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Getting Away: Siem Reap

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Editor's note: Kunming resident Colin Flahive recently visited Siem Reap, Cambodia, where he discovered a charming town full of little surprises. If you have a travel story you would like to share with GoKunming readers, please get in touch with us via our contact form.

Nearby Angkor Wat may get all the attention, but the fast-changing town of Siem Reap is a treasure in itself. Most travelers are in and out of Siem Reap in two or three days, missing out on the surrounding countryside, which offers a window on some of Cambodia's most vibrant Khmer culture as well as the tragedy that unfolded during the Khmer Rouge era.

Once the seat of the Khmer Kingdom, Siem Reap is now home to one of Asia's best café streets. A nice mix of live music and cuisines can be found along the aptly named Bar Street as well as the Alley, a narrow pedestrian road lined with restaurants and shops. Accommodation varies from simple and cozy to decadent and extravagant. At the heart of it all are a people of overwhelming hospitality who carry the scars of a tormented past.

Between 1975 and 1979, when the Khmer Rouge ruled, an estimated 10 million landmines were placed throughout the country. This resulted in the death of nearly 20,000 and the maiming of over 40,000. Today, one in every 290 Cambodians is an amputee. Many of Siem Reap's beggars have missing limbs or have been blinded by landmines.

The positive impact of NGOs and non-profits is palpable throughout Siem Reap. Hospitals provide free health care to villagers, orphanages provide children with education and many tour agencies share profits with development programs. One example is Quad Adventure Cambodia, which offers tourists 4-wheeling adventures to the surrounding villages while using a portion of profits to support Chres Village Orphanage.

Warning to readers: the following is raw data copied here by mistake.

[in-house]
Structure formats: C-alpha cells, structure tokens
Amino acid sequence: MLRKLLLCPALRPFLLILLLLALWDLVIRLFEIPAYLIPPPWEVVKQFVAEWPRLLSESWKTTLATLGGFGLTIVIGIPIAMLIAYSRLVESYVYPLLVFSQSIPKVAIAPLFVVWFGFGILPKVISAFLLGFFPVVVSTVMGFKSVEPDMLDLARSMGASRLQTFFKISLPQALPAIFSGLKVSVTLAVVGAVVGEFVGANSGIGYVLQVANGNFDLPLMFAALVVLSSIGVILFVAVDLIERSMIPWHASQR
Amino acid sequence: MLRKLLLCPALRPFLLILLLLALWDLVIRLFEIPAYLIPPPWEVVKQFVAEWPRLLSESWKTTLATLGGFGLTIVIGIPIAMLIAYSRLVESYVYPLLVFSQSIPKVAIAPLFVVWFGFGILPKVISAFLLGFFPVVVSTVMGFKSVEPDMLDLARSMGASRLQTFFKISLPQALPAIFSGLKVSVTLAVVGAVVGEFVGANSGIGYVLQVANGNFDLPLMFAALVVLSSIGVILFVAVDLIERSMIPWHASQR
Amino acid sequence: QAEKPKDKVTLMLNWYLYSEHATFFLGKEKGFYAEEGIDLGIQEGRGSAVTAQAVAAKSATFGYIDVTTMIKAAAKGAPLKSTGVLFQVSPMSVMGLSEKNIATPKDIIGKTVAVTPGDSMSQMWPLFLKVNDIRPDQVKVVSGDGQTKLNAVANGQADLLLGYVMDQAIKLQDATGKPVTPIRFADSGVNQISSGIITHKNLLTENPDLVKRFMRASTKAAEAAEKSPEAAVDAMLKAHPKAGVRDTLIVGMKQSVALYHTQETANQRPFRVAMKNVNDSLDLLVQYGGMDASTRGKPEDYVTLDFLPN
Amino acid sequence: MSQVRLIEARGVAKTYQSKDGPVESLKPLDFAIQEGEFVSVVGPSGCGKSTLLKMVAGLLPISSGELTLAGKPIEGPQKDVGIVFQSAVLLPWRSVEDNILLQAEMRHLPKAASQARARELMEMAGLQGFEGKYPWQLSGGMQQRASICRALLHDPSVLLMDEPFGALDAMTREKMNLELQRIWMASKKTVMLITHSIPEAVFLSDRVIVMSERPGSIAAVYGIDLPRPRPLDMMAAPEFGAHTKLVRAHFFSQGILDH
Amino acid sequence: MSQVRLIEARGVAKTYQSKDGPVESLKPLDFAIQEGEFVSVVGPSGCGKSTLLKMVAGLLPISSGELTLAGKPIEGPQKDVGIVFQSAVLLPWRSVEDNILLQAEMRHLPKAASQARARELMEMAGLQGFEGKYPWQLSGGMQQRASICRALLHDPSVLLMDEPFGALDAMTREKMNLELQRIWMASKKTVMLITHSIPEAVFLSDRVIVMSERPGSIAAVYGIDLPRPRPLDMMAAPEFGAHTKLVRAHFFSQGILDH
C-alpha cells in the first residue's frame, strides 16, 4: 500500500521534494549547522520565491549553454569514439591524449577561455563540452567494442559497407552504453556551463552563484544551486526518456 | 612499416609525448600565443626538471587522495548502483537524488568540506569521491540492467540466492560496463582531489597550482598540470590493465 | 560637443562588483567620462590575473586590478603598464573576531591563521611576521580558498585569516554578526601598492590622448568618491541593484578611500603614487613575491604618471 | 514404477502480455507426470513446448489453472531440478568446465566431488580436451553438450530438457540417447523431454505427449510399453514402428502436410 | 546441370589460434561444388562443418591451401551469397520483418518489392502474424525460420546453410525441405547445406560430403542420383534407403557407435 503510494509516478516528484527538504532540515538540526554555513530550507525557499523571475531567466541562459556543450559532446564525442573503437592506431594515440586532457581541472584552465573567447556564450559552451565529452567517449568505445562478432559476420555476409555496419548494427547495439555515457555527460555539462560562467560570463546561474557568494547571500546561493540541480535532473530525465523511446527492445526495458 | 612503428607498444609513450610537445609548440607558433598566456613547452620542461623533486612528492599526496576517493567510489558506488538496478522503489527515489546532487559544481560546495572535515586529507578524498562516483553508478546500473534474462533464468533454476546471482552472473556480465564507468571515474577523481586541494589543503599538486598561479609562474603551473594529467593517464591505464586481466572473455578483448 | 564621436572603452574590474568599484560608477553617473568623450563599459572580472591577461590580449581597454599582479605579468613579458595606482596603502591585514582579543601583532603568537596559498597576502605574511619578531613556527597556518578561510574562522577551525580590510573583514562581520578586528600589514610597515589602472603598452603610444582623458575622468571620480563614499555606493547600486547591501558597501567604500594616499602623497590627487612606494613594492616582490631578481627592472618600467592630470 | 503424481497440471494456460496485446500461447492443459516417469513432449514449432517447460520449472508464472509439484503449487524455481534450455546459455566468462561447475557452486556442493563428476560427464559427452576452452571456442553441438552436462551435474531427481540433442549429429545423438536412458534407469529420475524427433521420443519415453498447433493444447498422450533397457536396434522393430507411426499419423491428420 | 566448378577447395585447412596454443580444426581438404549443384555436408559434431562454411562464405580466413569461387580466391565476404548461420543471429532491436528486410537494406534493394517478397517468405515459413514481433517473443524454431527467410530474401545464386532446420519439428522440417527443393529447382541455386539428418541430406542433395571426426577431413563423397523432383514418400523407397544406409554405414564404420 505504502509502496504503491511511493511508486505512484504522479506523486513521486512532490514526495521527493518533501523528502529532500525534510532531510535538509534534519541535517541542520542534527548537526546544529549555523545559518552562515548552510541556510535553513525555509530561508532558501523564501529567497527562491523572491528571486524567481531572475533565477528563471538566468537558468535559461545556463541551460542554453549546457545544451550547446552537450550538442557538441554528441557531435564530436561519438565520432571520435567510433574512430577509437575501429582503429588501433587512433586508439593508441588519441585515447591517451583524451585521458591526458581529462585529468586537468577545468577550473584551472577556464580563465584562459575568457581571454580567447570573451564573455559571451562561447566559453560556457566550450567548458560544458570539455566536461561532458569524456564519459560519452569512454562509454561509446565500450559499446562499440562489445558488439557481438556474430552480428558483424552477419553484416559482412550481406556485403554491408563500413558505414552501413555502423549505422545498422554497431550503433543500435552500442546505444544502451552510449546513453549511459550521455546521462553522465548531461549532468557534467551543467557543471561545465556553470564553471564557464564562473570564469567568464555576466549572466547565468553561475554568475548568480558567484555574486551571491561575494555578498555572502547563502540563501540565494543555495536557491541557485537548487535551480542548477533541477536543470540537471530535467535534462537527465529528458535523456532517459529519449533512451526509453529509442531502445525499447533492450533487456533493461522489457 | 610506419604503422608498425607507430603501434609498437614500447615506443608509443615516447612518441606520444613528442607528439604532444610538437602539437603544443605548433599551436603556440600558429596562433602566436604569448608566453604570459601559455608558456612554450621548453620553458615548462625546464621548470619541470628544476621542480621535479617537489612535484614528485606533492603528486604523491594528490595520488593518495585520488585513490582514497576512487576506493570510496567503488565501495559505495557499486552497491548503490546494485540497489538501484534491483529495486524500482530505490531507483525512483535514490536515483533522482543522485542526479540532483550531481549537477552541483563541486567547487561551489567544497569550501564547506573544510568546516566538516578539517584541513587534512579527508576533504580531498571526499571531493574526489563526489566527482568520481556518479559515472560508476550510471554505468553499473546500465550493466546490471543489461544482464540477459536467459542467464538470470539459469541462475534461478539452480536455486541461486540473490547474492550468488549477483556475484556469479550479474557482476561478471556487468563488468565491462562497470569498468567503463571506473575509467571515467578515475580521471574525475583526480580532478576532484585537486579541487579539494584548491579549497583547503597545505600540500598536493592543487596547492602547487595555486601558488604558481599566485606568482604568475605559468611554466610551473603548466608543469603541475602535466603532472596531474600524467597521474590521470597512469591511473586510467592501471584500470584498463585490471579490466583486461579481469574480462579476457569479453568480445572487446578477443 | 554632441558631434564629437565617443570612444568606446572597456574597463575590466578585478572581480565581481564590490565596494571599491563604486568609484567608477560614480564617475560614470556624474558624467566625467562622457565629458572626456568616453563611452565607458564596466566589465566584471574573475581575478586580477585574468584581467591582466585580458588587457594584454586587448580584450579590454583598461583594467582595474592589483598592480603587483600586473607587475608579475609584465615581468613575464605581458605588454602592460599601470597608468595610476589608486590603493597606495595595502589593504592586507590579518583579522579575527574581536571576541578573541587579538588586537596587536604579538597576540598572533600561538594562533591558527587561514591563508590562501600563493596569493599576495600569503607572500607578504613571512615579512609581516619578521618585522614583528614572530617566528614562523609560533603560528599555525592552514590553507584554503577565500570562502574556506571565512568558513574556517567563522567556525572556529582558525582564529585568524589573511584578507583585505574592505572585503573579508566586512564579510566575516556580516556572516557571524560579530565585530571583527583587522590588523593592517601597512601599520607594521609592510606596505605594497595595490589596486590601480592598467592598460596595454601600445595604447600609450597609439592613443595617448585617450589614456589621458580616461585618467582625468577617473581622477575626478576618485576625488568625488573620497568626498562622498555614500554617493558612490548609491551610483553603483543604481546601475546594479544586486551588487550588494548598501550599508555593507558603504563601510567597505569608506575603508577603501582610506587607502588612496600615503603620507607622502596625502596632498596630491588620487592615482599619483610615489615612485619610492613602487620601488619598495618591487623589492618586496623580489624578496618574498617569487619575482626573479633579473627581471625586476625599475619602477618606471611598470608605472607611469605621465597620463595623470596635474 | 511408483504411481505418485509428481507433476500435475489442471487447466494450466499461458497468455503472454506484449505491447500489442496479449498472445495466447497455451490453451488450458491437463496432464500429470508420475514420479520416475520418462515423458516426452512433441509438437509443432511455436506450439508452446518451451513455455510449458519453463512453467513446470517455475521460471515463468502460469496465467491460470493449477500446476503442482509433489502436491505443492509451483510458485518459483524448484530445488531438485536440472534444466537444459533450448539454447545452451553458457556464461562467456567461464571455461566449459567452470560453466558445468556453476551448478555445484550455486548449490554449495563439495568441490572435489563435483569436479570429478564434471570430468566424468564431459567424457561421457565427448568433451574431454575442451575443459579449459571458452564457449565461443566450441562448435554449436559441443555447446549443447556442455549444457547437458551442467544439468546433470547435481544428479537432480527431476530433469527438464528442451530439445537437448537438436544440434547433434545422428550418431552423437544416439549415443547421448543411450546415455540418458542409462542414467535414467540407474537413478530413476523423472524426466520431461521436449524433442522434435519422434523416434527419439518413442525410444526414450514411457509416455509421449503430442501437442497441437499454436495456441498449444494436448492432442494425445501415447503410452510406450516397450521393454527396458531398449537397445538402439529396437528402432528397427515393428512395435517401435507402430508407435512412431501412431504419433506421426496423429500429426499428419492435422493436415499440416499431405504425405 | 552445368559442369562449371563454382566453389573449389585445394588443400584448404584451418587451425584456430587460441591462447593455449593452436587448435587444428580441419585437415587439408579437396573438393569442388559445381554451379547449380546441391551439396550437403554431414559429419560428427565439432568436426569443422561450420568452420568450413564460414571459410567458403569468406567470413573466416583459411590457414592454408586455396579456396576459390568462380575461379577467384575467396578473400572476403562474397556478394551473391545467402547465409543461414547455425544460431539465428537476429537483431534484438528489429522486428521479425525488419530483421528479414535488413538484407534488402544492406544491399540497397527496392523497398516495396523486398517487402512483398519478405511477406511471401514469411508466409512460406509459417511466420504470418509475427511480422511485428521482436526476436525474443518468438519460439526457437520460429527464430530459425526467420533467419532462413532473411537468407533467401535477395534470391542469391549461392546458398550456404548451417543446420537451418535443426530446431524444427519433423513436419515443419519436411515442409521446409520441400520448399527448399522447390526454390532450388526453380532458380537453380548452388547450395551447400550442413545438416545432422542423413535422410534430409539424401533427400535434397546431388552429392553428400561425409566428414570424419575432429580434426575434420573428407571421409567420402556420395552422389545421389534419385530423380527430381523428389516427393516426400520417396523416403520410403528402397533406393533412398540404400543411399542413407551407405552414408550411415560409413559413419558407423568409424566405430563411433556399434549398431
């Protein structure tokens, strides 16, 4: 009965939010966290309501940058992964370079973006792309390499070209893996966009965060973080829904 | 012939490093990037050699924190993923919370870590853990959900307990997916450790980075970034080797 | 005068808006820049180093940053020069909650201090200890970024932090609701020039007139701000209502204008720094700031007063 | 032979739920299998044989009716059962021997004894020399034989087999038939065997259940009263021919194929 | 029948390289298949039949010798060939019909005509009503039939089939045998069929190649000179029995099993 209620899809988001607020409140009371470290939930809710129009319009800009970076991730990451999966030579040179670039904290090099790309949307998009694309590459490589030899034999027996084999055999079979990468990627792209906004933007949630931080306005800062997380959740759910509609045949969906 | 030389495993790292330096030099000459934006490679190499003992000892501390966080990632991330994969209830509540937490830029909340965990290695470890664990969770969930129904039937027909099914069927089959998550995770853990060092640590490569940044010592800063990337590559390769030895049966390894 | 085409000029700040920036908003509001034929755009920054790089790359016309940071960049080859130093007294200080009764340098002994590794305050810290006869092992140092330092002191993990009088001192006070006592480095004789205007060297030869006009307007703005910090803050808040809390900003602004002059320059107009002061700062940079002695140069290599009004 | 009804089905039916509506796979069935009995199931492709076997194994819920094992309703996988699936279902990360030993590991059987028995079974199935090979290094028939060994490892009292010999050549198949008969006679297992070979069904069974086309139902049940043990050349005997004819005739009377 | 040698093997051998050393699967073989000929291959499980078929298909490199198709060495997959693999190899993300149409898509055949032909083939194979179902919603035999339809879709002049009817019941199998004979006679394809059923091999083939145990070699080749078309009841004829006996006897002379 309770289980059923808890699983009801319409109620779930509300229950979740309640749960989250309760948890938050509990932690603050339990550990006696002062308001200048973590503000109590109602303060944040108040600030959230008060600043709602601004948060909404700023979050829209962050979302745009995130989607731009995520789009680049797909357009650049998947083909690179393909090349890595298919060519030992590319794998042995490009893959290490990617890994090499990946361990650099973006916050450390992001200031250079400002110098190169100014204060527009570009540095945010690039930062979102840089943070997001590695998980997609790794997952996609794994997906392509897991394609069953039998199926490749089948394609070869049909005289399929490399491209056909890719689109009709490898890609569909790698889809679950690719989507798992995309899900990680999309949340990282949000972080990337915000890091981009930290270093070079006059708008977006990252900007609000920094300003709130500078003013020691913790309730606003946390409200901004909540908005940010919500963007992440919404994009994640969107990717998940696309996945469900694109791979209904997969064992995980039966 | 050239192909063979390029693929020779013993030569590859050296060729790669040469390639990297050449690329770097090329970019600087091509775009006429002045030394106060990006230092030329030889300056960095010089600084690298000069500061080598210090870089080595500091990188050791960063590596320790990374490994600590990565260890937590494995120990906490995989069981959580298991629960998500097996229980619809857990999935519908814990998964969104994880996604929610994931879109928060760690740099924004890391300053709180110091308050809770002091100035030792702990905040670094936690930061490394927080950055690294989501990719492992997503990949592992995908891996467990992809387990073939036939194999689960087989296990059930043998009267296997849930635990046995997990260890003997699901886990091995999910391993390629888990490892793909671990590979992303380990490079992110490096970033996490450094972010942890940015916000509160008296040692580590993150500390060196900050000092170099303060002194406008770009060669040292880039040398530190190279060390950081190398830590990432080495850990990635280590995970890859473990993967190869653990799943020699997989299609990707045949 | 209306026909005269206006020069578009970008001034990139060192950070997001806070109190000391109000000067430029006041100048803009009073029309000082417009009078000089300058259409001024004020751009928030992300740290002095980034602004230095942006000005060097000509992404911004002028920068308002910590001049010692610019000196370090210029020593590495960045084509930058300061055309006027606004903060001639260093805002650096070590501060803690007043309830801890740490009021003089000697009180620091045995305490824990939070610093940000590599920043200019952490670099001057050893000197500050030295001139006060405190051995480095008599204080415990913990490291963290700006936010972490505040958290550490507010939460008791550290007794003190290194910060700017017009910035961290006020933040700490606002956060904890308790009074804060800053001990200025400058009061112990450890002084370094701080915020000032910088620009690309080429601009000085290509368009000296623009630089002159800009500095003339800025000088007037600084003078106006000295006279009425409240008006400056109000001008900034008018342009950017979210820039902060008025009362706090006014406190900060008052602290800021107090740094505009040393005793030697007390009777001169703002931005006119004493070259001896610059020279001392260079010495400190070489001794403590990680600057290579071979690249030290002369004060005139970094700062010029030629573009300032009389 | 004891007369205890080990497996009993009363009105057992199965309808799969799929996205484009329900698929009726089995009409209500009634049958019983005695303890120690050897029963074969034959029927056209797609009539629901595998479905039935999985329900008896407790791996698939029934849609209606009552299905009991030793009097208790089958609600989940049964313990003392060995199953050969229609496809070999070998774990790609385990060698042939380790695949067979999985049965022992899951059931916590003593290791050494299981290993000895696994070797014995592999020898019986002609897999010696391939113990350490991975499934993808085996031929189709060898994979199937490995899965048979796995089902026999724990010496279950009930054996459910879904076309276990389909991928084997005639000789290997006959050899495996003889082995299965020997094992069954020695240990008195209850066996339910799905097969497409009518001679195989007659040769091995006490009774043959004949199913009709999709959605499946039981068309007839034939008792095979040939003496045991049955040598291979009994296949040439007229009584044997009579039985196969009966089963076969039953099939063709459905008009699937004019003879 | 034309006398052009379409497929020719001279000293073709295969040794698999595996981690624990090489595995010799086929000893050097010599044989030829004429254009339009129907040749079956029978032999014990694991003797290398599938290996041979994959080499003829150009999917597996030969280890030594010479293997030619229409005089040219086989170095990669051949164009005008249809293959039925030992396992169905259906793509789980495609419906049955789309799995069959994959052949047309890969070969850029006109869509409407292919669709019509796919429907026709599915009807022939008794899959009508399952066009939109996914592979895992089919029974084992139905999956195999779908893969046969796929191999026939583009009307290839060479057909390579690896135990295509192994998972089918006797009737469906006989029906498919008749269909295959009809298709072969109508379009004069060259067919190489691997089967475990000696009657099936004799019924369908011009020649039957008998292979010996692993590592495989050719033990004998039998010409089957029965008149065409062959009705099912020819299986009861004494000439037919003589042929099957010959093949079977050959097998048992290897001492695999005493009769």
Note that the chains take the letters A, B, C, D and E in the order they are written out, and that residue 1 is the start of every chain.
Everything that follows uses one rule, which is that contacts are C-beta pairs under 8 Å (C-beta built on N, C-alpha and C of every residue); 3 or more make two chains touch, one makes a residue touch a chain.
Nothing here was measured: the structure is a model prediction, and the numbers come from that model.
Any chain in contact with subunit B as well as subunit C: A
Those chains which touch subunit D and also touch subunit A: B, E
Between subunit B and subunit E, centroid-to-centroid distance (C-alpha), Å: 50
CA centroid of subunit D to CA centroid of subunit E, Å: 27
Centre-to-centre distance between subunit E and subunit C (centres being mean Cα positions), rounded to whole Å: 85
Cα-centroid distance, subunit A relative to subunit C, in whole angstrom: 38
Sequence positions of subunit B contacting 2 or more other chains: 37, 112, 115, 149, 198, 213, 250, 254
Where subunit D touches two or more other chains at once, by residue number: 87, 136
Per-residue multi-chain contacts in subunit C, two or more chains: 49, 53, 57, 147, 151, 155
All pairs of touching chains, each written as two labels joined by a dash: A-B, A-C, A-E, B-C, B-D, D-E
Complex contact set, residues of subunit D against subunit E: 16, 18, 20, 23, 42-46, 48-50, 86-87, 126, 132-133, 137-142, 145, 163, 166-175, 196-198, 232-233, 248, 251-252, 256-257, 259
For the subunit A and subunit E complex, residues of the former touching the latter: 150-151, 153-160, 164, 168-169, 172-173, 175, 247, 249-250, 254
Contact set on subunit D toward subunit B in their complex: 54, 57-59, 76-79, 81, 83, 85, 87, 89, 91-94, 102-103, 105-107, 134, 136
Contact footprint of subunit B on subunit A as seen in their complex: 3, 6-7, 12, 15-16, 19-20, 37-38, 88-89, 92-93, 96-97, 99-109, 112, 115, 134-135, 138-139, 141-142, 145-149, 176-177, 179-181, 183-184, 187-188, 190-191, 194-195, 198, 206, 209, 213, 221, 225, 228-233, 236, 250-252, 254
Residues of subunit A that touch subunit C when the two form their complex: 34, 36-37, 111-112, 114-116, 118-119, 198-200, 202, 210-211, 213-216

If you'd like to do more than just be a tourist, the orphanage welcomes volunteer teachers, particularly those willing to teach English, Korean, Japanese and Chinese. As Chinese are beginning to outnumber all other tourists in Siem Reap, many children are anxious to learn the language.

2468Apsara#http://en.wikipedia.org/wiki/Apsara# dance, an exquisite art form that all but disappeared during the Pol Pot years, can be attended nightly at many of the larger restaurants and bars in town. The revival of Khmer artisanship now provides the town's flourishing markets with traditional silks, sculptures, carvings and paintings.

In addition to reviving older traditions, Siem Reap's tourism industry has created a growing number of niche businesses. The question, "Would you like a fish massage?" might catch first-time visitors off-guard, but these are actual fish that "massage" the feet. Tank stalls line Bar Street and the surrounding area for passers-by to hang their feet into a tank of water where little fish peck away at the dead skin on the heels and between the toes of the giggling customers. Twenty minutes cost US$1-3, sometimes including a shoulder rub or a free beer.

But it is outside of town, in the rice fields and in the small villages, where much of Siem Reap's richness lies. There you'll find interesting local foods, scenic dirt roads and many who truly may be the world's friendliest people. Be sure to allow yourself enough time in Siem Reap to take a bike out to the countryside or a boat through the floating villages of Tonlé Sap Lake. Considering all that Siem Reap has to offer, it would be unfortunate to leave having only experienced the Khmer culture of 1,000 years ago without appreciating the Khmer of today.

Getting there: Unfortunately, China Eastern Airlines has just discontinued its Kunming-Siem Reap route. Flights from Kunming to Phnom Penh are still operating, with Phnom Penh connected to Siem Reap by bus and ferry.

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When I was living in Kunming from 08 - 09 I visited Siem Reap for 2 weeks and it was 2 of the best weeks of my life. There is so much to do for people of all ages and interests. I would recommend renting a taxi cab for a week, for a few extra dollars the the taxi driver will be your chaufer and he can take you to so many interesting places that are not in the travel guide. The Landmine Museum is also a must visit in and every donation is for a good cause.

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